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Thinking of studying earth sciences?
A new study lead by Prof Julienne Stroeve says year-to-year forecasts of the Arctic’s summer ice extent are not yet reliable.
is a strong emphasis on field training in all earth science degree
programmes. The field provides a natural laboratory where students can
learn, apply and develop skills such as rock identification, fabric
recognition, map-making, and the geometrical solving of complex
three-dimensional structures, which complement and build upon lectures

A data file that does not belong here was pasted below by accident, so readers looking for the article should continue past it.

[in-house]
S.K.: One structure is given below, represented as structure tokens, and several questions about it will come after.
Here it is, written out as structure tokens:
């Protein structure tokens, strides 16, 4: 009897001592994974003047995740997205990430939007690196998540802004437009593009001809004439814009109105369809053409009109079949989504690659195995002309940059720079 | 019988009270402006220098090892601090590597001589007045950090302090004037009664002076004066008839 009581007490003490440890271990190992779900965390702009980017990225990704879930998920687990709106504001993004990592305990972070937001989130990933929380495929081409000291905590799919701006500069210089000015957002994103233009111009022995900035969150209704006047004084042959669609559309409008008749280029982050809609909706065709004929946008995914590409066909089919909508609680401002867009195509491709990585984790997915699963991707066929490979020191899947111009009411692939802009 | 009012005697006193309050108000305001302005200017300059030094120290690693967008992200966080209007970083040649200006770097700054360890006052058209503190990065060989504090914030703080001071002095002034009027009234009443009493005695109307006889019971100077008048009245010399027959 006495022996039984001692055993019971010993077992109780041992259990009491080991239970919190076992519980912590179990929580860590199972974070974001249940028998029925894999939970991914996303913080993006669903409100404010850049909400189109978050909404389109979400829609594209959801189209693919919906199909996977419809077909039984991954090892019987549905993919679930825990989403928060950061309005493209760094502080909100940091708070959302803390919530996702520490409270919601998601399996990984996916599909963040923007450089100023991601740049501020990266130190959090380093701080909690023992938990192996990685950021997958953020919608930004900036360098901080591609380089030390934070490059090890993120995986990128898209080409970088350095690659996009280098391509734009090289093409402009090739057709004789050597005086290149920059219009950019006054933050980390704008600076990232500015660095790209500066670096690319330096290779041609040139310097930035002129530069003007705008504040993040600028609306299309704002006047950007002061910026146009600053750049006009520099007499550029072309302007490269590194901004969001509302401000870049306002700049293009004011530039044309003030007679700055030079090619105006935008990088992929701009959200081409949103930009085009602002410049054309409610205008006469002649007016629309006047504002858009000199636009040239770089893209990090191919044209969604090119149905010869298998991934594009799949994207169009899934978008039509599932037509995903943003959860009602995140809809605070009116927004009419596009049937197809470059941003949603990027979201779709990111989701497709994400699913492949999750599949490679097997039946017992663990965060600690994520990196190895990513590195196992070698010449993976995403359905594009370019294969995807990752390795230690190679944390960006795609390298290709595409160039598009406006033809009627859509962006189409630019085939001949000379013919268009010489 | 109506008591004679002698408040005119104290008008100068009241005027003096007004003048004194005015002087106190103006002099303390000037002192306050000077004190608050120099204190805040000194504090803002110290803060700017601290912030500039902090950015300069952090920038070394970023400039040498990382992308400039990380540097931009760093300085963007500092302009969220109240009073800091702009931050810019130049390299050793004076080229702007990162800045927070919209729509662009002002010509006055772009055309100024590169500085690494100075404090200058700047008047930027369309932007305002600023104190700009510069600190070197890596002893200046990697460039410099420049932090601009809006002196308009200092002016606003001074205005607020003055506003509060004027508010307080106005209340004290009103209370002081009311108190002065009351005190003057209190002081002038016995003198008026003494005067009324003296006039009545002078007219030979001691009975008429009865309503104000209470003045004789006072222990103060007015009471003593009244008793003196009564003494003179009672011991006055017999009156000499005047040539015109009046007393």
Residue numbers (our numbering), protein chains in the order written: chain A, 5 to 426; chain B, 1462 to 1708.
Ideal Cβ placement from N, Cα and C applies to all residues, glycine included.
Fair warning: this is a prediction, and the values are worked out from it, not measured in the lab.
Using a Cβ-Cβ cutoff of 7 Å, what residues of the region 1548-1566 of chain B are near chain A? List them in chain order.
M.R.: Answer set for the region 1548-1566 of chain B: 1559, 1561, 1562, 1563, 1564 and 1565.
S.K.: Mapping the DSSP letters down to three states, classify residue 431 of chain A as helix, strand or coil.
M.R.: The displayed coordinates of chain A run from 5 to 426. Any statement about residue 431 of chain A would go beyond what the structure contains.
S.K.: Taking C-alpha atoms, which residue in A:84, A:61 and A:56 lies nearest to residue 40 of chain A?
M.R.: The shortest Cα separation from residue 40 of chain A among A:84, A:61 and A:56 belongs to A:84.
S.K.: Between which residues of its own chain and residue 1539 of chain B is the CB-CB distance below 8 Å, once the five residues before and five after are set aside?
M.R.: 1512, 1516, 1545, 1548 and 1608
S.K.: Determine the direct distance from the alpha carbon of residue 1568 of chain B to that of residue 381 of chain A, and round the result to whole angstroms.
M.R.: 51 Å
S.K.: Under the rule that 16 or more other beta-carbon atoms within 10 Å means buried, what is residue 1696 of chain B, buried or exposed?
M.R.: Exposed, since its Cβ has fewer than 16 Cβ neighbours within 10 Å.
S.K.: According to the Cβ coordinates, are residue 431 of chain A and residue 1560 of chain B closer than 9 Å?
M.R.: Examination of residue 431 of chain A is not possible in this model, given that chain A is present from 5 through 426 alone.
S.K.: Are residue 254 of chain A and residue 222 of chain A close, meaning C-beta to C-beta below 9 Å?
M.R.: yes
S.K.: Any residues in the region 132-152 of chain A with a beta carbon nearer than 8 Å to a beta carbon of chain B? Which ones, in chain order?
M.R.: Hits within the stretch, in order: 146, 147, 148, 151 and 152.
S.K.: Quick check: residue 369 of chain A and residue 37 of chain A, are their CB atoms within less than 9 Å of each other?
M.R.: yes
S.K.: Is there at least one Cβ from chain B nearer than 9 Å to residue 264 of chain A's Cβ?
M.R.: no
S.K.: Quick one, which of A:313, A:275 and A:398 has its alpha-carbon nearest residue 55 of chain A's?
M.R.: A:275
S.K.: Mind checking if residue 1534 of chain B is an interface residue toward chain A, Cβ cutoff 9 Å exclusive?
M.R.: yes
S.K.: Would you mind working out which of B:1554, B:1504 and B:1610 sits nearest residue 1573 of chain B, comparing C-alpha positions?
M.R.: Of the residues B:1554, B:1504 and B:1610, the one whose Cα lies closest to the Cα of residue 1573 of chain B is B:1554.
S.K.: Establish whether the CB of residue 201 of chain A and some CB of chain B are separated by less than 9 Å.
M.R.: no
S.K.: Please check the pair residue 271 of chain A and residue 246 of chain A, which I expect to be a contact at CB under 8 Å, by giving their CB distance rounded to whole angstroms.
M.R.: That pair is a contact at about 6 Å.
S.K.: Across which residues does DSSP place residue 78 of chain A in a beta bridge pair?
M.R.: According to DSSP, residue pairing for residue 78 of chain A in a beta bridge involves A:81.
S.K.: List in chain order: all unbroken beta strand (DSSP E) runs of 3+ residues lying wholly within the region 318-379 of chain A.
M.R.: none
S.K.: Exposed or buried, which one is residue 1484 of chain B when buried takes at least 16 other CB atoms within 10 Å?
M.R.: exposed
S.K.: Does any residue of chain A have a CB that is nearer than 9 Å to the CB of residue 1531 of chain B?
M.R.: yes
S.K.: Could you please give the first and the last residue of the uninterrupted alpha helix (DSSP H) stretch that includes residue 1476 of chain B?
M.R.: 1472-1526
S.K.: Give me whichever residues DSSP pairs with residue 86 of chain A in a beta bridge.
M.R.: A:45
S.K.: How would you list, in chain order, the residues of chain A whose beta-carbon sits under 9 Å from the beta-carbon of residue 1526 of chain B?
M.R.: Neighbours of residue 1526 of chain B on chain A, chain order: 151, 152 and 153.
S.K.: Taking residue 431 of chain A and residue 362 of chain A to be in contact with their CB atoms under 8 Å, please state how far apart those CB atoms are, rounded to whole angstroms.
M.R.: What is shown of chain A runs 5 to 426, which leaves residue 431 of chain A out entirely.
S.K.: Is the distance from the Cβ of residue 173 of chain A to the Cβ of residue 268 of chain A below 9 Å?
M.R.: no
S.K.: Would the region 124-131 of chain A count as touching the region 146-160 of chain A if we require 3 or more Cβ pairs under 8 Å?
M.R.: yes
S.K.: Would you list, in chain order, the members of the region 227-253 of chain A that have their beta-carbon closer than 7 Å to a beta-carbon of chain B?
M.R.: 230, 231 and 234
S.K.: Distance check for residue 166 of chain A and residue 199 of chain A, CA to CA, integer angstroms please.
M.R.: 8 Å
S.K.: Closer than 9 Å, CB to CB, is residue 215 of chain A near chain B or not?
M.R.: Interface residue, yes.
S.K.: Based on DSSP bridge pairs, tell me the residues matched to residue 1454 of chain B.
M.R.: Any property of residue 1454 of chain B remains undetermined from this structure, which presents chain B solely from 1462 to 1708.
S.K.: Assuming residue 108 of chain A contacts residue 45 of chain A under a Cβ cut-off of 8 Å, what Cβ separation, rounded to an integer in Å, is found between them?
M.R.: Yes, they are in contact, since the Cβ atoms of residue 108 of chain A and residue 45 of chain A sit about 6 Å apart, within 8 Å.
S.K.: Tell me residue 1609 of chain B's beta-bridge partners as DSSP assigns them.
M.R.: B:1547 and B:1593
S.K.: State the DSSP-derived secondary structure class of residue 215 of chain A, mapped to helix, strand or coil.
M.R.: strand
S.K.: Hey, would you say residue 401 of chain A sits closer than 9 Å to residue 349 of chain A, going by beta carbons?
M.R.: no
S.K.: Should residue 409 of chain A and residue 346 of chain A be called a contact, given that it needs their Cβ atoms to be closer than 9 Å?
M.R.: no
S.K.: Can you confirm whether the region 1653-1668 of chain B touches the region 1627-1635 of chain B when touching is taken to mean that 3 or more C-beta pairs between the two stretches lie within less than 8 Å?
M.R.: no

and laboratory-based coursework, and expose students to the true
complexity of natural systems.
Fieldwork is a compulsory component of each degree programme and all fieldwork is assessed. Field classes are structured so that there are specific exercises that must be completed to a high standard and handed in for assessment. These exercises may be undertaken as part of a team, so that as well as developing skills as an earth scientist, students should also be able to develop the personal transferable skills needed to organise, delegate and participate in teamwork activities. Many students find fieldwork one of the most enjoyable parts of their undergraduate career. It is essential to have suitable clothing and equipment, and to strictly observe standard codes of practice with respect to safety, behaviour and land access.